The History of Minneapolis
When you think of Minneapolis, what is the first thought that comes to mind? For me, it would be that it is, well, very large. A place full of giant buildings, densely populated by all kinds of people. But back in its early founding, Minneapolis was known for much besides its immense stature. Mainly various kinds of commerce, reputable education, and even a shocking industrial tragedy.
Founded in 1867, Minneapolis soon became a center of commerce for the United States. Minneapolis quickly became a key player in the Midwestern lumber industry and was incredibly proficient in its grain production. Which led to the creation of many mills for the two. But did you know that flour is flammable? In fact, it is completely combustible– even more than gunpowder! Because of this, one of the flour mills ended up exploding entirely! Can you imagine that? These mills produced over 1.2 million barrels of flour a year and in 1878 one large batch went kablooey! It all happened back in the late 1870s, when a great flour rivalry between the Washburn Crosby Company (the one that exploded) and the Pillsbury company was public and ambitious. Though it is unclear how the fire started, I like to think that a devout follower and lover of the Pillsbury flour snuck in and lit a match. Of course this is highly unlikely, but I find it fun to think about; especially considering this was one of the best known rivalries in Minneapolis! Who would have thought this incredible city once defined itself by a fight between flour companies and the debate over who can produce more flour product?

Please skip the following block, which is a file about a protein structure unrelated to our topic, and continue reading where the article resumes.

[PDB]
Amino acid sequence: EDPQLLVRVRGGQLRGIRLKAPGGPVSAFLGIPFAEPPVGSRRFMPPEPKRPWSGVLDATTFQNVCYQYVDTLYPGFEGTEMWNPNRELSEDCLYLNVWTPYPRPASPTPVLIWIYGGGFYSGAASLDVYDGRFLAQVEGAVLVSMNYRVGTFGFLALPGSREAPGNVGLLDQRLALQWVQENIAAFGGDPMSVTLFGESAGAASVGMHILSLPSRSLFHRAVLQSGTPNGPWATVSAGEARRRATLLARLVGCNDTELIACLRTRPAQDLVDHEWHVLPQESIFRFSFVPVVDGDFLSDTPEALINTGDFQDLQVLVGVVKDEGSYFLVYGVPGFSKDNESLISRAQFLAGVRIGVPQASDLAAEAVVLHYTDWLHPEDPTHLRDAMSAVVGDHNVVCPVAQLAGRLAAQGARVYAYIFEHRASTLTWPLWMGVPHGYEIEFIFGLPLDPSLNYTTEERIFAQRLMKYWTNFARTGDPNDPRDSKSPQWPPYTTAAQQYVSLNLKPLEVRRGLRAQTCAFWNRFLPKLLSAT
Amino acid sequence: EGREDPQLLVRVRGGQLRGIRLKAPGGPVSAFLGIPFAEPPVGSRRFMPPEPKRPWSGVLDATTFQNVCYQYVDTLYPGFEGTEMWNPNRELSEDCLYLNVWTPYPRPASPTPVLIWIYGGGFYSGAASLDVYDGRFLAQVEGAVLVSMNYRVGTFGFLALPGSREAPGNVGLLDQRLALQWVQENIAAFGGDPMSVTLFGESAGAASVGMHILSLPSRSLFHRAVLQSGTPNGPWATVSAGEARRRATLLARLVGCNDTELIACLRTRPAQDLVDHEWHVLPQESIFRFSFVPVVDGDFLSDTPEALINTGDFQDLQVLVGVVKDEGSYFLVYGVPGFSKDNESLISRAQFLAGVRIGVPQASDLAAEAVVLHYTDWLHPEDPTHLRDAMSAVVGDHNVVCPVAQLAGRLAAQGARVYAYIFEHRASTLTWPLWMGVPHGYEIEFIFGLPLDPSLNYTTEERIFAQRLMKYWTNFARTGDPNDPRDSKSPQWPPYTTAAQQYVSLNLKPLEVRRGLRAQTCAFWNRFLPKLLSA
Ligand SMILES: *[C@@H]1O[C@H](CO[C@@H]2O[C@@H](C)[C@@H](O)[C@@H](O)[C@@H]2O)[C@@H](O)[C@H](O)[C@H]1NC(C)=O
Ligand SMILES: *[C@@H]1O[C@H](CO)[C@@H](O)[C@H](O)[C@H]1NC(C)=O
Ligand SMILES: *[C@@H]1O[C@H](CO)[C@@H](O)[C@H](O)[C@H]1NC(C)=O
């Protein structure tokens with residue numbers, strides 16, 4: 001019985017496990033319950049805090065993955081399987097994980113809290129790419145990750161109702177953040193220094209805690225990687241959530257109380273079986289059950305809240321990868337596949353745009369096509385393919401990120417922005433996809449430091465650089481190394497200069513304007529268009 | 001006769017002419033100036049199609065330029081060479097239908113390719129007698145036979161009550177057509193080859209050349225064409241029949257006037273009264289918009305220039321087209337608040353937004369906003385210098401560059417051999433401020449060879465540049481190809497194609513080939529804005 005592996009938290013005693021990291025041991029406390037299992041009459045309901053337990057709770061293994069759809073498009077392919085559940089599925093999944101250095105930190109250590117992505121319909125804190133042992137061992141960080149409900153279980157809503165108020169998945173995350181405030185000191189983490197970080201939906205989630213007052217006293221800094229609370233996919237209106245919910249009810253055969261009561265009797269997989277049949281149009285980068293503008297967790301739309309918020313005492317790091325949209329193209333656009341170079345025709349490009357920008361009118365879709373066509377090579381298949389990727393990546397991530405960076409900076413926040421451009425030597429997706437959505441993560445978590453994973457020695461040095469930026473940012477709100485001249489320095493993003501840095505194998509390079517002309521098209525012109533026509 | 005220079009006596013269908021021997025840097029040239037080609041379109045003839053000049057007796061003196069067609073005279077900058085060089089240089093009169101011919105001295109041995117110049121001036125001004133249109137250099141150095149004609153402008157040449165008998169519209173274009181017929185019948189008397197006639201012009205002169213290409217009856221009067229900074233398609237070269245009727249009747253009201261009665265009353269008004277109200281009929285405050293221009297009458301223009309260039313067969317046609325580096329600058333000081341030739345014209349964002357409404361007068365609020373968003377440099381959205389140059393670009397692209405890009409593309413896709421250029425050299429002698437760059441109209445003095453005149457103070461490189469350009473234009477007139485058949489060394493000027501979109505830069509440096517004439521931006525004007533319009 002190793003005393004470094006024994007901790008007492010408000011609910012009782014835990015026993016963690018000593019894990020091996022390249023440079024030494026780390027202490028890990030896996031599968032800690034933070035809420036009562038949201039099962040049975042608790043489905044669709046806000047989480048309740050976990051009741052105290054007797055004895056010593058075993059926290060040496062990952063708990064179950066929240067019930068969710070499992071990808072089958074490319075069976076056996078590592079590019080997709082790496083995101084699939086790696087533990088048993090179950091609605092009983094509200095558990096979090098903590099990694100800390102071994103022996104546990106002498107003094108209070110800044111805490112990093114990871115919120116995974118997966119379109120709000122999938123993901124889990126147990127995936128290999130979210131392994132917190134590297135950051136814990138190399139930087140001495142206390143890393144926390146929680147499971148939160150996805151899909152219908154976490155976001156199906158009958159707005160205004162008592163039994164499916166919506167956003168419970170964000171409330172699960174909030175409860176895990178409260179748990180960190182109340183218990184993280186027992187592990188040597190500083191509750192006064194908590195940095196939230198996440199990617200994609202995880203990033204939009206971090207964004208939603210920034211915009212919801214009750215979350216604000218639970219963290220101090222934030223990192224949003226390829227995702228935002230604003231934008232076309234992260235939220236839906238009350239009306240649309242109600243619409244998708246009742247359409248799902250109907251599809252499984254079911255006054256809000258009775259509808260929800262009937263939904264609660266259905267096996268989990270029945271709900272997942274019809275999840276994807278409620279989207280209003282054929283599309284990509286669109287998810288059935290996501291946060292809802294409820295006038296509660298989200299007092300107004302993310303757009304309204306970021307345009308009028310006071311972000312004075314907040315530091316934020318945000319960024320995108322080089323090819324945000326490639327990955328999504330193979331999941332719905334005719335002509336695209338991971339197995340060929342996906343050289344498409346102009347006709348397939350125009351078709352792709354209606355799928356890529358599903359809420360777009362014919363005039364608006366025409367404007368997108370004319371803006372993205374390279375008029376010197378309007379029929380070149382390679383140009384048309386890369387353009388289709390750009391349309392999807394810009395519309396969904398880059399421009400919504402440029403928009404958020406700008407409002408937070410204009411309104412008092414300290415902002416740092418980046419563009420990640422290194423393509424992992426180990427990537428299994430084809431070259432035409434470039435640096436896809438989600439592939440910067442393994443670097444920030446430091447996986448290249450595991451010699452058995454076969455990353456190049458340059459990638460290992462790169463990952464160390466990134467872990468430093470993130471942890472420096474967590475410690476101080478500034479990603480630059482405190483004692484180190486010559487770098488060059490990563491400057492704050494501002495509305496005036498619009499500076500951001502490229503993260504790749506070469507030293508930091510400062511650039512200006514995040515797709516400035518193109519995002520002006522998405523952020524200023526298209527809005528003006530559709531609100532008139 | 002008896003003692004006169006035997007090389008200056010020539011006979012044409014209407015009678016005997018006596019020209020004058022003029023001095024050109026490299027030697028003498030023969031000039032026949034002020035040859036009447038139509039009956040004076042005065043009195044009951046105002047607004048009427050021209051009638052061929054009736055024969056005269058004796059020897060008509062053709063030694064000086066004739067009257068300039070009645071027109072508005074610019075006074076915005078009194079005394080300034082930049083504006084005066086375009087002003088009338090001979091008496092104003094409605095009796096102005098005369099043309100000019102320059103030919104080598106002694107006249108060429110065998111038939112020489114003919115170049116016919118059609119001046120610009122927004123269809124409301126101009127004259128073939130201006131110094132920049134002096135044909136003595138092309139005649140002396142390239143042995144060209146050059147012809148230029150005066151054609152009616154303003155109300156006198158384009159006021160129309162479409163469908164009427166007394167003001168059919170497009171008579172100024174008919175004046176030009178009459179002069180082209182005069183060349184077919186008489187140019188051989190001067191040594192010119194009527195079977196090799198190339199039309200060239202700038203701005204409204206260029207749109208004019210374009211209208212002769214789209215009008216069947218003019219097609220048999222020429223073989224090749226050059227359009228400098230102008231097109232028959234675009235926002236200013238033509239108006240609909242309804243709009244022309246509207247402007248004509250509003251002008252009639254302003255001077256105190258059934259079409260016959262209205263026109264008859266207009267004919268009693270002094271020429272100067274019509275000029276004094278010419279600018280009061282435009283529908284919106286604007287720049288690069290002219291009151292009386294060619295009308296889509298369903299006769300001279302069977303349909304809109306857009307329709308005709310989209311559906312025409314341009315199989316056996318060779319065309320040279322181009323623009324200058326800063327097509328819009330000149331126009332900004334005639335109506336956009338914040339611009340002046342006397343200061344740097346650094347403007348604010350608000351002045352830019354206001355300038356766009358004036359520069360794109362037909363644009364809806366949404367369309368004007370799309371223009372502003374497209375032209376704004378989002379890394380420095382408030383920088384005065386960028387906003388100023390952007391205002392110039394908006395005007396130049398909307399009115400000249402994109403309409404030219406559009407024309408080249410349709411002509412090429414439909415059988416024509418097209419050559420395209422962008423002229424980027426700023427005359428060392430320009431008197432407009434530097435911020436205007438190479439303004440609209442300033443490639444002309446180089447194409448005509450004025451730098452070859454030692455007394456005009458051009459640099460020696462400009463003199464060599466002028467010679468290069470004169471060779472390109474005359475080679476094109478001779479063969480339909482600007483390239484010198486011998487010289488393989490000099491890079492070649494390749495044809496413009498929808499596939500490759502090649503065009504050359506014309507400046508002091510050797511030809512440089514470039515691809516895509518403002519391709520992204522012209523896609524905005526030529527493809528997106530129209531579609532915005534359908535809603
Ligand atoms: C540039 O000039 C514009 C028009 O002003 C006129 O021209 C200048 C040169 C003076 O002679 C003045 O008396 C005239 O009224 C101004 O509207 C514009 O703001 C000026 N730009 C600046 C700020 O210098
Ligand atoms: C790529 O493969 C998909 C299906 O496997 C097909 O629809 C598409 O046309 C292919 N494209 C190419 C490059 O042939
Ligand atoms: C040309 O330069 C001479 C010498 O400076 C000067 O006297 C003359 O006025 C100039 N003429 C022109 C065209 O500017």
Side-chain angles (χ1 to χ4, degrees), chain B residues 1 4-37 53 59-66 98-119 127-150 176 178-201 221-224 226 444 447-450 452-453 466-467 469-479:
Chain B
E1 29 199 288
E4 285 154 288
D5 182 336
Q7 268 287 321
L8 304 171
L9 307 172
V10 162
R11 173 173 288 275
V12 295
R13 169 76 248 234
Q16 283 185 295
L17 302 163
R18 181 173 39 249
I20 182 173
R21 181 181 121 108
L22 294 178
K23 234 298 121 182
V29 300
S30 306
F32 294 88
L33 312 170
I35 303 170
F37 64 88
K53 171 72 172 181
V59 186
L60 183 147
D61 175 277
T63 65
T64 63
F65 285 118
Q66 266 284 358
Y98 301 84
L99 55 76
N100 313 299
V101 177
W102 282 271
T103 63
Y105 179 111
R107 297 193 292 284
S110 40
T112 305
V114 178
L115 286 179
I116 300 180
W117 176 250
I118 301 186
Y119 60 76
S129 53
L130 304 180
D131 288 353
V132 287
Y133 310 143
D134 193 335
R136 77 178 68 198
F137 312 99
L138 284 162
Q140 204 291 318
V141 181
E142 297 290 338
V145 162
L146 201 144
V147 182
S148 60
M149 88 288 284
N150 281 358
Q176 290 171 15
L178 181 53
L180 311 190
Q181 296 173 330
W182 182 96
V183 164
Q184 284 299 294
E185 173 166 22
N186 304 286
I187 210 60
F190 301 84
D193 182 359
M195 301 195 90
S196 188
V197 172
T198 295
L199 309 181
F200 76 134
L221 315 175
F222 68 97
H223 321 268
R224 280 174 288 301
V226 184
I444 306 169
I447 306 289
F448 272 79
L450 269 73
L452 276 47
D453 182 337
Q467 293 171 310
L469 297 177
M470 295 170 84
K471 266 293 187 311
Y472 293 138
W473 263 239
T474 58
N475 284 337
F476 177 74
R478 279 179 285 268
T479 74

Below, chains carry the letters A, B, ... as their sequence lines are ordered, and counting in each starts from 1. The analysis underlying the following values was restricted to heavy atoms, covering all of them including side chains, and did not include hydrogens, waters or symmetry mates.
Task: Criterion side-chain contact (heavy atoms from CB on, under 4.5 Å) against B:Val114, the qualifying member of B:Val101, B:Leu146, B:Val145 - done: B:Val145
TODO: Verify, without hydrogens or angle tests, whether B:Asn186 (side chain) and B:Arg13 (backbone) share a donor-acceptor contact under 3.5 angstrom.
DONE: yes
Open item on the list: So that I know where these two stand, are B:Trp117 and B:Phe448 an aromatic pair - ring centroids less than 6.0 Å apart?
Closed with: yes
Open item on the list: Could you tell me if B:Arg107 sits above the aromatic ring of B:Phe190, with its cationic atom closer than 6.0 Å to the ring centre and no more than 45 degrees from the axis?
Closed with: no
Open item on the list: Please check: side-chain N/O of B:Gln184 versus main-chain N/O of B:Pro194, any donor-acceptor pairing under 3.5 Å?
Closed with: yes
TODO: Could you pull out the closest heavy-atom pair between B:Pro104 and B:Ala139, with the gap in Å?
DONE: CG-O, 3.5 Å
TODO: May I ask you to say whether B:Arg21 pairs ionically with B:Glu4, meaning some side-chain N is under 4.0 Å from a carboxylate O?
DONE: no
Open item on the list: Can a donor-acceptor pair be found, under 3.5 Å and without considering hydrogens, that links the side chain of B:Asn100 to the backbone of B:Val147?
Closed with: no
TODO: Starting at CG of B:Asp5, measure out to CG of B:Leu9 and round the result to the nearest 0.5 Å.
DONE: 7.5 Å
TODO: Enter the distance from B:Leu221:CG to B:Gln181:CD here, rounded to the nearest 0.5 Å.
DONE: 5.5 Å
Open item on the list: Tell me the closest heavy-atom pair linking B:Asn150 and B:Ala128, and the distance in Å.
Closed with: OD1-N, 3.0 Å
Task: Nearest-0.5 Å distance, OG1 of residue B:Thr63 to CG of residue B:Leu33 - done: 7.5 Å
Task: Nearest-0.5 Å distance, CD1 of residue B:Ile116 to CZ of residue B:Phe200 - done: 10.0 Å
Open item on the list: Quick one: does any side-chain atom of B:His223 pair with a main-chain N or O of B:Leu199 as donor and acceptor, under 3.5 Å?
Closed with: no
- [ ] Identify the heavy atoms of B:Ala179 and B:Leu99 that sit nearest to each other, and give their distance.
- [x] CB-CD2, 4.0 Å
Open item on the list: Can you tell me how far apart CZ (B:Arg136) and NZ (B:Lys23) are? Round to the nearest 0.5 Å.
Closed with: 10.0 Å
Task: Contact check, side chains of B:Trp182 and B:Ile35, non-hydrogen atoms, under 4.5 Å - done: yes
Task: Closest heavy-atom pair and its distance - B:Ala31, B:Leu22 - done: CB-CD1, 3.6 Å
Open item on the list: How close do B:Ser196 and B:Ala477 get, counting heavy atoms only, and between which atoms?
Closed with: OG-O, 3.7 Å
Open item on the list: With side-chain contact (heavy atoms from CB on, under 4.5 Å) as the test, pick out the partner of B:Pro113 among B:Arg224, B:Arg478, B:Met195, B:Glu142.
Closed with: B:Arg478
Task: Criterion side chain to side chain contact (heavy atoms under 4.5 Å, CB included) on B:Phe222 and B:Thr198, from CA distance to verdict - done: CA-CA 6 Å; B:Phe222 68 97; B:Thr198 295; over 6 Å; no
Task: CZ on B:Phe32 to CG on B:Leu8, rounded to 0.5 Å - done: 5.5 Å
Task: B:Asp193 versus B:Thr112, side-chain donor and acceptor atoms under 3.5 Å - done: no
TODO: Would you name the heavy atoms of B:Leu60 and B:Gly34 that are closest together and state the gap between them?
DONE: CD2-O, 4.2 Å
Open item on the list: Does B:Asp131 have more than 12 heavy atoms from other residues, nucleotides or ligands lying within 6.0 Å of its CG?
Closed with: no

However, the Washburn Crosby mill –not only exploded once, either. It blew up again over one hundred years later, in 1990. In fact, Minneapolis residents and visitors can visit it now in the exact state it was in after the 1990 explosion. After the explosion, the mill was repurposed into a museum so that the average citizen could enjoy the aftermath of such a disaster.
But fast forward to the modern day, what is Minneapolis known for now? Of course, one could not deny the stark presence of the University of Minnesota. This college campus has a total of 50,000 students, and that doesn’t even consider the 20,000+ members of staff and faculty working on-site. Perhaps that adds to the idea of Minneapolis being a gargantuan fiend of a city (which would not be entirely inaccurate). But did you know that The University of Minnesota was formed and opened officially before the city had even been officially named “Minneapolis”? I have a feeling that that did not cross your mind. The doors opened in 1851, a full seven years before the city gained its name. The University of Minnesota is the closest that many of us, as inhabitants of the United States, will get to call a building “ancient” due to our nation’s youth.
Modern Minneapolis is quite diverse in its commercial nature now, being more than just a place where grain and logs appear from. We are known for our transportation, commerce, health care, distribution, and industrial work, and we have rapidly progressed past a simple war of mills; there is so much more to come.